In Stewart v. Lido Cafe, 13 Cal.App.2d 46, 52, 53, 56 P.2d 553, 556, the defendant operated a restaurant and bar. The deceased dined in the restaurant and then went into the bar, where he asked the bartender where the lavatory was located. He was directed to the rear and he was later found dead at the bottom of a basement stairway in the rear. It was urged that he was a licensee, but the California Supreme Court stated:

"Whether or not there is an invitation, and the extent of the invitation, must depend upon the circumstances of each case, and under some circumstances these are close questions. The question of negligence on the part of the injured party is involved and where the circumstances are such that reasonable minds might differ as to whether or not he was negligent in going where he did it cannot be said, as a matter of law, that he was merely a licensee. * * * Under such circumstances the question presented is one of fact and not of law, and the evidence is sufficient to support the implied finding of the jury that the deceased was an invitee up to the moment he was injured."

See, also, Pauckner v. Wakem, 231 Ill. 276, 83 N.E. 202, 14 L.R.A., N.S., 1118.

In Low v. Ford Hopkins Co., supra, 231 Iowa 251, 1 N.W.2d 95, a case where the decedent was killed on the stairs leading to a basement in a store where a lavatory was located which customers occasionally used, we recognized that the question of whether or not she was an invitee was one for the jury. So, too, in this case we feel that under the entire record the question was one for the jury. It is true that the invitor's duty to keep the premises reasonably safe for the invitee is imposed because the former expects to gain some advantage from the visit. But in measuring the extent of the invitation to a long-time patron, a reasonable person might find that such a patron's use of the cloak room or washroom facilities of the shop might be to the mutual advantage of the shopkeeper and the patron. To the latter goes the advantage of the use of an afforded accommodation and to the former goes some advantage in that presumably accommodations used will spell satisfied customers and continued patronage.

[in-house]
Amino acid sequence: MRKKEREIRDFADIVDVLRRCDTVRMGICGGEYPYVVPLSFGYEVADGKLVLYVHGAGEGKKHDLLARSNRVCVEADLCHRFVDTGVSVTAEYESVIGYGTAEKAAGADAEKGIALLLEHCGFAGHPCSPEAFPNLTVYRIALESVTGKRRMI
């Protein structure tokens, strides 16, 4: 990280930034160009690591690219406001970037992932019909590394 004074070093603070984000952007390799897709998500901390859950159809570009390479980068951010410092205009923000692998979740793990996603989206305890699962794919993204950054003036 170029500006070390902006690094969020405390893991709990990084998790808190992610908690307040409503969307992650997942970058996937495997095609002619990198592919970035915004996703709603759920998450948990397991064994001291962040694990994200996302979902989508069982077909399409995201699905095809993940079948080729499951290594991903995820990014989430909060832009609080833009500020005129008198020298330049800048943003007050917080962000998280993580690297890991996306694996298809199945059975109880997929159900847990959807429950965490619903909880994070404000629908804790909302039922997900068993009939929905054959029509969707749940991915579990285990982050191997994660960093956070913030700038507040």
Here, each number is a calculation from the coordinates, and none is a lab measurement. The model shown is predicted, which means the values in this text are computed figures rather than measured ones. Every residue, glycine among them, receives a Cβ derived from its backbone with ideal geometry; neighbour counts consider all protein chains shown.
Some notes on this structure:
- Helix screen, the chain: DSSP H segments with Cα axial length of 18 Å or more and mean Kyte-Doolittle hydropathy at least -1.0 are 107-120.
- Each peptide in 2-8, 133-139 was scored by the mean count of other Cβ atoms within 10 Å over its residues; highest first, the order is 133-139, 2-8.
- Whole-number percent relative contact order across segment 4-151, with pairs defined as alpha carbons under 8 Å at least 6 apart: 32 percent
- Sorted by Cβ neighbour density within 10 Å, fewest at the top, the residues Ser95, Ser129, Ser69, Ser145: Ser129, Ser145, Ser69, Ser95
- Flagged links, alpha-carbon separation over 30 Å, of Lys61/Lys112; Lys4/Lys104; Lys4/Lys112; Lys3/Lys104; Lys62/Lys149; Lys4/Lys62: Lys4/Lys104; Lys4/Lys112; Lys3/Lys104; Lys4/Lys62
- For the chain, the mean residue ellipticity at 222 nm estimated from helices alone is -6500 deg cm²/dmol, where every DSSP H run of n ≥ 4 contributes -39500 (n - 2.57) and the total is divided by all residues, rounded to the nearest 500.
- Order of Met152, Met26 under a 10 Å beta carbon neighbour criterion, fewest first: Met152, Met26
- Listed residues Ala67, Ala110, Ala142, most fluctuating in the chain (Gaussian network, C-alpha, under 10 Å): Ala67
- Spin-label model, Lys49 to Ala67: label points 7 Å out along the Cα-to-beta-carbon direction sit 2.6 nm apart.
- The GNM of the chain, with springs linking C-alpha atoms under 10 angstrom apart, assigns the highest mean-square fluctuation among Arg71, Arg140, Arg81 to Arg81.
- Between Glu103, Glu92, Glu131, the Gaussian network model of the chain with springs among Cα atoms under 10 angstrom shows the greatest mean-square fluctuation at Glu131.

For some other cases where the users of rest rooms, kept at least partly for the accommodation of customers, were held to be invitees, see McClusky v. Duncan, 216 Ala. 388, 113 So. 250; Main v. Lehman, 294 Mo. 579, 243 S.W. 91; De Verdi v. Weiss, 16 Cal.App.2d 439, 60 P.2d 879; Burdeaux v. Montgomery Ward Co., La. App., 192 So. 728.

The defendant Barnes relies largely on Keeran v. Spurgeon Mercantile Co., supra, 194 Iowa 1240, 1243, 1244, 191 N.W. 99, 101, 27 A.L.R. 579, and McMullen v. M. M. Hotel Co., supra, 227 Iowa 1061, 290 N.W. 3. In the Keeran case we held that the out-of-town optometrist, who left his grips and overcoat in a store in Shenandoah, could not recover when he returned for them and fell down a basement stairway. The evidence was that he went to the place where he had seen the clerk put his coat. But there we pointed out that: